WASHINGTON — A U.S. military helicopter has crashed in western Iraq with seven service members on board, U.S. officials said Thursday.
A defense official confirmed to Military Times that an HH-60 Pave Hawk crashed in Anbar Province near the town of Qaim in Iraq. The helicopter, which used by the Air Force for combat search and rescue, was not under fire and was on a routine route to move the helicopter from one location to another, the official said.
The U.S. Air Force footprint has shrunk since Iraq announced that ISIS has been driven from all major Iraqi cities but maintained a presence at Al Asad for training, the official said.
Officials said that rescuers were responding to the location, but other details were not yet available. It’s not clear if there were any survivors.
The officials spoke on condition of anonymity to discuss details of the crash before it was made public.
Rescue teams are responding to the scene of the downed aircraft at this time, Capt. AnnMarie Annicelli, a spokeswoman for Air Forces Central Command, said in a statement to Air Force Times.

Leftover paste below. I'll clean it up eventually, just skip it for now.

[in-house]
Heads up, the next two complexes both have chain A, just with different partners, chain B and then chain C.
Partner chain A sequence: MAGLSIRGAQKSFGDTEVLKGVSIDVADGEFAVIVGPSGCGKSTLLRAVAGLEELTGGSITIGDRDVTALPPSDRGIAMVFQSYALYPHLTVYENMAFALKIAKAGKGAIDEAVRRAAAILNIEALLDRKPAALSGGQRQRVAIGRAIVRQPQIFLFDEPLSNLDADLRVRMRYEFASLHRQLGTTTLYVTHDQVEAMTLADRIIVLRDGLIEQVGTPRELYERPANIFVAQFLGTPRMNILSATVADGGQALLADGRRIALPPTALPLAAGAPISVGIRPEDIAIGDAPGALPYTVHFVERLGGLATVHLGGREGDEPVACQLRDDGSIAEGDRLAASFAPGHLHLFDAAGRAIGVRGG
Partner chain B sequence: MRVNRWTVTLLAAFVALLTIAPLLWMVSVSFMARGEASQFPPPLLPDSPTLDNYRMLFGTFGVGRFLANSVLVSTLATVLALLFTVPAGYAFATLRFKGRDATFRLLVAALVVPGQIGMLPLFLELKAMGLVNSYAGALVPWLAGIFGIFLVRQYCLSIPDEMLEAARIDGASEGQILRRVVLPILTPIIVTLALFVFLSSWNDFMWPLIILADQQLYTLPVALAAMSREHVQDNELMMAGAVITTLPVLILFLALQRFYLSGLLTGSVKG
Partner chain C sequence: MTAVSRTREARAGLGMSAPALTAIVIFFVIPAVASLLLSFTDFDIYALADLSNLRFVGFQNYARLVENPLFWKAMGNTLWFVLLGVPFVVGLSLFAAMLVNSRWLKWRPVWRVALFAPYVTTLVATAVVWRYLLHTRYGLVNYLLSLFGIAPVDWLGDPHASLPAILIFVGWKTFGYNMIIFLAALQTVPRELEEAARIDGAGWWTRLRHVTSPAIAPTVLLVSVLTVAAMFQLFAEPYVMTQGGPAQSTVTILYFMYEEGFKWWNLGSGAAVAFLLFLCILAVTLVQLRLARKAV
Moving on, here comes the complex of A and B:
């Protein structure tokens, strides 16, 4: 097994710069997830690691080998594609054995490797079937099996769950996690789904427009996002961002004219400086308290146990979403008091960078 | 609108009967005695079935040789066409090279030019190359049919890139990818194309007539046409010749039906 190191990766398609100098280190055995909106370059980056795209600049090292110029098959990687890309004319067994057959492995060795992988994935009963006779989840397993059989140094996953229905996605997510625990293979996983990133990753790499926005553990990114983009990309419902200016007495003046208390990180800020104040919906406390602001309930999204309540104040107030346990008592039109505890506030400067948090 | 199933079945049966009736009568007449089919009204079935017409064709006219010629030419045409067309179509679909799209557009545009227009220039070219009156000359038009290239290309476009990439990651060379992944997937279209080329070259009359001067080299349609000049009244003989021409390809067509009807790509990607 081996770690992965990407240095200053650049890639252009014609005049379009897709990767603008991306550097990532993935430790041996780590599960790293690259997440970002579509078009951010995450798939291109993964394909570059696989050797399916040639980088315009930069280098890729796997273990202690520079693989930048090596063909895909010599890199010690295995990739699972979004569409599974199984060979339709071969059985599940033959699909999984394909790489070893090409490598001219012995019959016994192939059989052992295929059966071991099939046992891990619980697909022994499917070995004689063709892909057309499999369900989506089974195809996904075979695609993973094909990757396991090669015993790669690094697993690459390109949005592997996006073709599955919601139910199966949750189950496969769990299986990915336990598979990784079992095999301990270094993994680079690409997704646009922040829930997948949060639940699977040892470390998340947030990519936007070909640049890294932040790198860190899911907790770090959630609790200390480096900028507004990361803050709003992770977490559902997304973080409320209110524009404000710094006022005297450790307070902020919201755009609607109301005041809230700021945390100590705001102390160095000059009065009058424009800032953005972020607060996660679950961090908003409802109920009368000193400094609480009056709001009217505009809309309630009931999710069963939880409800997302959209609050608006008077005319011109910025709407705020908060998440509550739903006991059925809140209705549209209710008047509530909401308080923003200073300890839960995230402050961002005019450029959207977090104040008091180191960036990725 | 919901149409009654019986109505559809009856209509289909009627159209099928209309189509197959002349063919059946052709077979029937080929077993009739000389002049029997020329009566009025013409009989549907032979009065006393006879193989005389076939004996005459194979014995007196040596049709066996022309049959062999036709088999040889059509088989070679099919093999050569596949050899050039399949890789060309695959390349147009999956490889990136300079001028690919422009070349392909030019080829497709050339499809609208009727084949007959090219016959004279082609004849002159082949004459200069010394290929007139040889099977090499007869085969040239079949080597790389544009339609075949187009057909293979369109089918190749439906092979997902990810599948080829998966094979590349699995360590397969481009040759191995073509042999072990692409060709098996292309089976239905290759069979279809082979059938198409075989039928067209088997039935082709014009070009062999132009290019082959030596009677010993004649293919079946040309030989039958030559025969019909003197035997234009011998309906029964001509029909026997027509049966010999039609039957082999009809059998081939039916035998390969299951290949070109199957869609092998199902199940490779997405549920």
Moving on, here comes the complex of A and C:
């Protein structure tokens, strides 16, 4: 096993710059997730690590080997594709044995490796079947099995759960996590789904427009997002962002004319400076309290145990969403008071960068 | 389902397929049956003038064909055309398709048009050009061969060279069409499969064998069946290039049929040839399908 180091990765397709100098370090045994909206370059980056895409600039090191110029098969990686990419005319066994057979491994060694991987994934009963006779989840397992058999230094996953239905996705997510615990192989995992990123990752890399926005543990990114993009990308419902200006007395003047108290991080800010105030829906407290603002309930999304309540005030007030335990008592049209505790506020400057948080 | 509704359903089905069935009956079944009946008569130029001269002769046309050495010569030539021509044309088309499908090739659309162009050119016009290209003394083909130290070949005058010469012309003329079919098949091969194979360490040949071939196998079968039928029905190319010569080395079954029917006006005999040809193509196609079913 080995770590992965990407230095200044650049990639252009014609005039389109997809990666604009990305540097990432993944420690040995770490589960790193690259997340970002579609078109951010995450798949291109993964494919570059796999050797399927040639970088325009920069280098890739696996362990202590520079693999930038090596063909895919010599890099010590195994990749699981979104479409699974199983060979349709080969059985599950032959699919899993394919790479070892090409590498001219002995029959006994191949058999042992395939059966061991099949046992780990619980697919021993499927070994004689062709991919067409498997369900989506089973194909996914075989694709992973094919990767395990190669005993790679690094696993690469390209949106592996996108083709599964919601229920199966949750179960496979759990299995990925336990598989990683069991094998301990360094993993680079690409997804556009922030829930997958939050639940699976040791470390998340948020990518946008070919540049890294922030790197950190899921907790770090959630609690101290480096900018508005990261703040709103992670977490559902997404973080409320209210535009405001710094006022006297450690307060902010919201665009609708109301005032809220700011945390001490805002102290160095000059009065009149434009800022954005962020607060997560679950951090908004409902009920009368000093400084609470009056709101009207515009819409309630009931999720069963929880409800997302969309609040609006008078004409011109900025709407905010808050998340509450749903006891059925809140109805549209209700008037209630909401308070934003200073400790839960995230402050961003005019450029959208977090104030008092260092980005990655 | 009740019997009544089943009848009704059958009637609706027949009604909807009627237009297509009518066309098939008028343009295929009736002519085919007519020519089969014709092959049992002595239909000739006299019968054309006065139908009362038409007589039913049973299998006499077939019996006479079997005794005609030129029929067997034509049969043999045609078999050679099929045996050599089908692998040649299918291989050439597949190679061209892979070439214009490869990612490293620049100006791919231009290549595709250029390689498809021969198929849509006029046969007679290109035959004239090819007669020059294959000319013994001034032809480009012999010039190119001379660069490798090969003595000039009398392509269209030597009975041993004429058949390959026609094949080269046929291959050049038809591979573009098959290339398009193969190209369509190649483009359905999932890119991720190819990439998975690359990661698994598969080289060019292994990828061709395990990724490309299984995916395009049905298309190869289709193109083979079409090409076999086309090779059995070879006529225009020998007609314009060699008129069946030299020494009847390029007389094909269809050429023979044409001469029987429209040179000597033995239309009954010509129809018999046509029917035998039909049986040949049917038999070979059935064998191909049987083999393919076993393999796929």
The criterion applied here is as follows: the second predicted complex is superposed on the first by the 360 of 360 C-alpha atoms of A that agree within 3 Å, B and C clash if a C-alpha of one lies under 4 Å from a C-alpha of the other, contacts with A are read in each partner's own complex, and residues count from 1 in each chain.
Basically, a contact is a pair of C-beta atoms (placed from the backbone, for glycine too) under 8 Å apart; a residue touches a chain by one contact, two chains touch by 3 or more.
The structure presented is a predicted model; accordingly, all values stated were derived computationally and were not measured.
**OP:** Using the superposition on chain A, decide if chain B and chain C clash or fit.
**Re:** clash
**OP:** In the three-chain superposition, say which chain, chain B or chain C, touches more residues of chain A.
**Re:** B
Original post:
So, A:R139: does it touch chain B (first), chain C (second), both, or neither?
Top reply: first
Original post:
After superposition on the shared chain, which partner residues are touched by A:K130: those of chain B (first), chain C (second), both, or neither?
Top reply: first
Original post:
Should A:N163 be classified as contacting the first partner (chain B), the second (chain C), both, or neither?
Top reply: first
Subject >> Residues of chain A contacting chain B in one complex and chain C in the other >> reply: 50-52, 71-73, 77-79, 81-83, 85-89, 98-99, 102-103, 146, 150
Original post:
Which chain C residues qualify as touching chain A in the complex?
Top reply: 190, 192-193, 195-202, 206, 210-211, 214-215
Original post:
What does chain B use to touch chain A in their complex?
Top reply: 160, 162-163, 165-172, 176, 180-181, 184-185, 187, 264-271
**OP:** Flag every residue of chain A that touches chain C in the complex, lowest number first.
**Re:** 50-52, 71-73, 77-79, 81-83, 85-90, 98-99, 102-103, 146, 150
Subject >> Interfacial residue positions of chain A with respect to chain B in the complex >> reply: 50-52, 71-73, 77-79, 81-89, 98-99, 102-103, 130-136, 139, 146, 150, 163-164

Further details will be released when available, she said. An investigation will be initiated to determine the cause of the incident.
The U.S.-led coalition battling Islamic State insurgents in Iraq and Syria have an outpost in Qaim, which is located near the Syrian border. The anti-ISIS campaign accelerated through much of last year, as coalition and Iraq forces battled to take back a string of cities and towns.
Prime Minister Haider al-Abadi declared victory over ISIS in Mosul in July. In the following months Iraqi forces retook a handful of other ISIS-held towns including Tal Afar in August, Hawija in September and Qaim in October. In November, Iraqi forces retook the last Iraqi town held by ISIS — Rawah, near the border with Syria.
The U.S.-led coalition has continued to work with Iraq and Syrian Democratic Forces to shore up the border region to make sure that foreign fighters and insurgents can’t move freely across the region.
Senior reporter Stephen Losey and Pentagon bureau chief Tara Copp contributed to this report.